GELLERMAN: Proponents here say we should have something like REACH, too, because current U.S. chemical regulations are largely voluntary. Still, Joel Tickner, a professor of environmental health at University of Massachusetts- Lowell, thinks the European law will change the way American companies do business in the U.S.

TICKNER: I think it will have a positive effect ultimately. It’s going to force companies to start thinking about how to design safer chemicals, and to think about the toxicity of chemicals that have essentially been allowed to be used for the past 40 years without any regulation.

GELLERMAN: The US exports 14 billion dollars of chemicals to Europe each year complying with the new EU law is estimated to cost 14 million dollars annually.

MUSIC: Lullaby Baxter “Jet-Pack” from ‘Garden Cities of To-morrow’ (Boompa - 2006)

Related links:
- European Union's website for its new regulatory law REACH
- American Chemistry Council health page

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Google Earth Finds its Voice

Typical Google Earth Screen (Courtesy of NOAA)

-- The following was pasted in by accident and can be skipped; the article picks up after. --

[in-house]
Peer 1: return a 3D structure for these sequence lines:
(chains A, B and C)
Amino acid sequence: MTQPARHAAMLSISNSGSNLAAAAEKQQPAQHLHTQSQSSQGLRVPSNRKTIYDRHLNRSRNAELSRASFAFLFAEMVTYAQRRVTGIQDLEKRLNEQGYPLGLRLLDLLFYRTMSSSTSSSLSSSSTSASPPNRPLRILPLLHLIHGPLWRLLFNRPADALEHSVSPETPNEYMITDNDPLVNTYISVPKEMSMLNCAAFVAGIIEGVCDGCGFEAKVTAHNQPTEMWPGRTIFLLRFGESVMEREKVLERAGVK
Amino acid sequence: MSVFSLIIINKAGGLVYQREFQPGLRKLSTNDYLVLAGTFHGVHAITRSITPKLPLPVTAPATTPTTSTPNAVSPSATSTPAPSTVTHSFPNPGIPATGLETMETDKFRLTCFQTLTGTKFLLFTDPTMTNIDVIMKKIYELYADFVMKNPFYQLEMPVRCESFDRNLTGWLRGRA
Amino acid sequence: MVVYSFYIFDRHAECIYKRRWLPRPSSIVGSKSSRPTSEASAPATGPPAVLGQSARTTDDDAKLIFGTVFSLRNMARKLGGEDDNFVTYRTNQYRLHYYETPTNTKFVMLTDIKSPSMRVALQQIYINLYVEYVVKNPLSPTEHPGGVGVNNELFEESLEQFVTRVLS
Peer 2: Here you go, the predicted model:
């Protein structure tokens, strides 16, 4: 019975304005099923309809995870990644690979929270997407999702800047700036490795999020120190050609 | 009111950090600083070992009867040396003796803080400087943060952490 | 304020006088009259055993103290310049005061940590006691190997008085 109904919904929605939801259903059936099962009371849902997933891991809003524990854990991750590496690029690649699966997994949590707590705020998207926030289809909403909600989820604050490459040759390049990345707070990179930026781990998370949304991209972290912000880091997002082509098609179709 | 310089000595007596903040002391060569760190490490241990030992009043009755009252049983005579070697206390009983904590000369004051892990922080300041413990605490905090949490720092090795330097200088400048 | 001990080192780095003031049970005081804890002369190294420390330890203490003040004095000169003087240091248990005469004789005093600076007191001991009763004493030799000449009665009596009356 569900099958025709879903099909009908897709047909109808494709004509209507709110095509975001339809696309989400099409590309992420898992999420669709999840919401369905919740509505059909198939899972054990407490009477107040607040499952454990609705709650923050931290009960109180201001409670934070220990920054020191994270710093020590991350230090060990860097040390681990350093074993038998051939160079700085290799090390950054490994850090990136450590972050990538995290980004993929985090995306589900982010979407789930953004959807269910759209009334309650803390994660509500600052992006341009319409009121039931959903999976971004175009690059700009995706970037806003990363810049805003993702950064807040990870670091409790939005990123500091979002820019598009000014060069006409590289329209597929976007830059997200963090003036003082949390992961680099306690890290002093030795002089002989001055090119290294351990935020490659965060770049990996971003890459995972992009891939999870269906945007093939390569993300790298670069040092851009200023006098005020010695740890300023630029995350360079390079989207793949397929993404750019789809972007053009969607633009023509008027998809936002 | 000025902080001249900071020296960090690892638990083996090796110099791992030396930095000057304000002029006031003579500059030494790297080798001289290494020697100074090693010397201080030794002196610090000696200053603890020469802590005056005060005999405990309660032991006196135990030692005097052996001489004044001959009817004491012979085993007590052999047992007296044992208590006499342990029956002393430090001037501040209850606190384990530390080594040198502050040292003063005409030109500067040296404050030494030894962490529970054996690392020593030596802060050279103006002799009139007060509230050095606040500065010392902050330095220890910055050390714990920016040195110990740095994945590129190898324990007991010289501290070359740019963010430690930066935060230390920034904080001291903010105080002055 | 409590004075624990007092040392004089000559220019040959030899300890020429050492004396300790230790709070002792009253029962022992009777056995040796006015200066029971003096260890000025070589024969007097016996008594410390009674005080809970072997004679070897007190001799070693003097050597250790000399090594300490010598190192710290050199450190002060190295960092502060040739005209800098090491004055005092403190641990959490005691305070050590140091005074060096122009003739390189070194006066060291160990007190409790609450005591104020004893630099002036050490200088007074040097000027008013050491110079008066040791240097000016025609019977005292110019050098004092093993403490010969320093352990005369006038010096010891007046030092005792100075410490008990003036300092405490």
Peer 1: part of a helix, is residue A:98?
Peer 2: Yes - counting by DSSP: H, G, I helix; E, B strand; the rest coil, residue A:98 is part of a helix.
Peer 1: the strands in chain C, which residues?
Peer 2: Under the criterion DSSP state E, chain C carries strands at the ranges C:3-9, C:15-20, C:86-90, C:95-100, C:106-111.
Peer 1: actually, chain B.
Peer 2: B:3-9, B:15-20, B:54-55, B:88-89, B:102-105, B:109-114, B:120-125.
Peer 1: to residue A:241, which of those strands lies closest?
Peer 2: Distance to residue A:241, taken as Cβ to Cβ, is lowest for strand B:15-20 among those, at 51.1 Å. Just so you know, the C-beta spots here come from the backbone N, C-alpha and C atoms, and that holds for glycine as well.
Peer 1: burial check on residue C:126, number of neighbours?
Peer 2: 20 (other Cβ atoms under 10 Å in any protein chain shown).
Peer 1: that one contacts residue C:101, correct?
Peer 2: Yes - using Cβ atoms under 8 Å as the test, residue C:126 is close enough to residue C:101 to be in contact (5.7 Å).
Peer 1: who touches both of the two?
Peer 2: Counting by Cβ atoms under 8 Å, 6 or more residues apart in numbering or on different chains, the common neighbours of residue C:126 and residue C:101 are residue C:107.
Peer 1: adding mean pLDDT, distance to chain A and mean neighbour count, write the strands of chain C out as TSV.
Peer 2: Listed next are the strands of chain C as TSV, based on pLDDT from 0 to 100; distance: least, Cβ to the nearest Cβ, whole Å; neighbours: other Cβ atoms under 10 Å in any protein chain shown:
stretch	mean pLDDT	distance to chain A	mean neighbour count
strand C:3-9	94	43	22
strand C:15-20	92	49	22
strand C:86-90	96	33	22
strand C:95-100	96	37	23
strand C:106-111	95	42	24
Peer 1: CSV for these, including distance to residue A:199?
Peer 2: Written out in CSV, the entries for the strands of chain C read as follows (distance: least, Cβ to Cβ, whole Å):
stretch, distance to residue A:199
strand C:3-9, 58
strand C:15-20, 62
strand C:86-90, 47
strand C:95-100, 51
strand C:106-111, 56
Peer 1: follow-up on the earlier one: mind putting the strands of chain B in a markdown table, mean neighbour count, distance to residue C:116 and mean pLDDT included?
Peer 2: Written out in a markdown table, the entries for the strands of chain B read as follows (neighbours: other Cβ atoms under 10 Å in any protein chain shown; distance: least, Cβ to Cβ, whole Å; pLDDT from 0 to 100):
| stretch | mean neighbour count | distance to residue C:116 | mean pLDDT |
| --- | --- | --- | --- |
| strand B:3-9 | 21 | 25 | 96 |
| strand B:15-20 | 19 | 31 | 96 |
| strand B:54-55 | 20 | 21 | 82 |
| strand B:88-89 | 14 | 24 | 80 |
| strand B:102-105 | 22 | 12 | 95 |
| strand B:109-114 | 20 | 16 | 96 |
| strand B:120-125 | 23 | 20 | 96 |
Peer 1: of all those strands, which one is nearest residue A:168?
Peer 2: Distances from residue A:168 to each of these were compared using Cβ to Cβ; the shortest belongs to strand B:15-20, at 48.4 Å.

GELLERMAN: Log on to Google Earth and you get a bird’s eye view of the globe. That is if the bird is a high-flying satellite able to see everything from the Great Wall of China to the car in your driveway. But you might want to pull down your window shades because Google has started offering street level views that allow you to peek inside buildings. Still, Google software is a great way to see the planet. And now you can use it to hear the Earth, as well.


This is what sunrise in Sonoma Valley, California sounds like. Dr. Bernie Krause recorded it. It’s one of over 1200 locations he’s recorded over a 40-year career. Dr. Krause is a bio-acoustician and president of Wild Sanctuary, an online audio archive. He recently teamed up with Google Earth to add sound to their service and he joins me from a studio in California. Dr. Krause, welcome.

KRAUSE: Thank you, Bruce.

GELLERMAN: Boy, who knew it was such a racket in Sonoma Valley, California.

KRAUSE: Can you believe that? This is one of those rare spots in Sonoma Valley that hasn’t been developed for wine and grapes. And it’s particularly beautiful because it’s one of those places that sounds like the earth sounded like 150 or 200 years ago.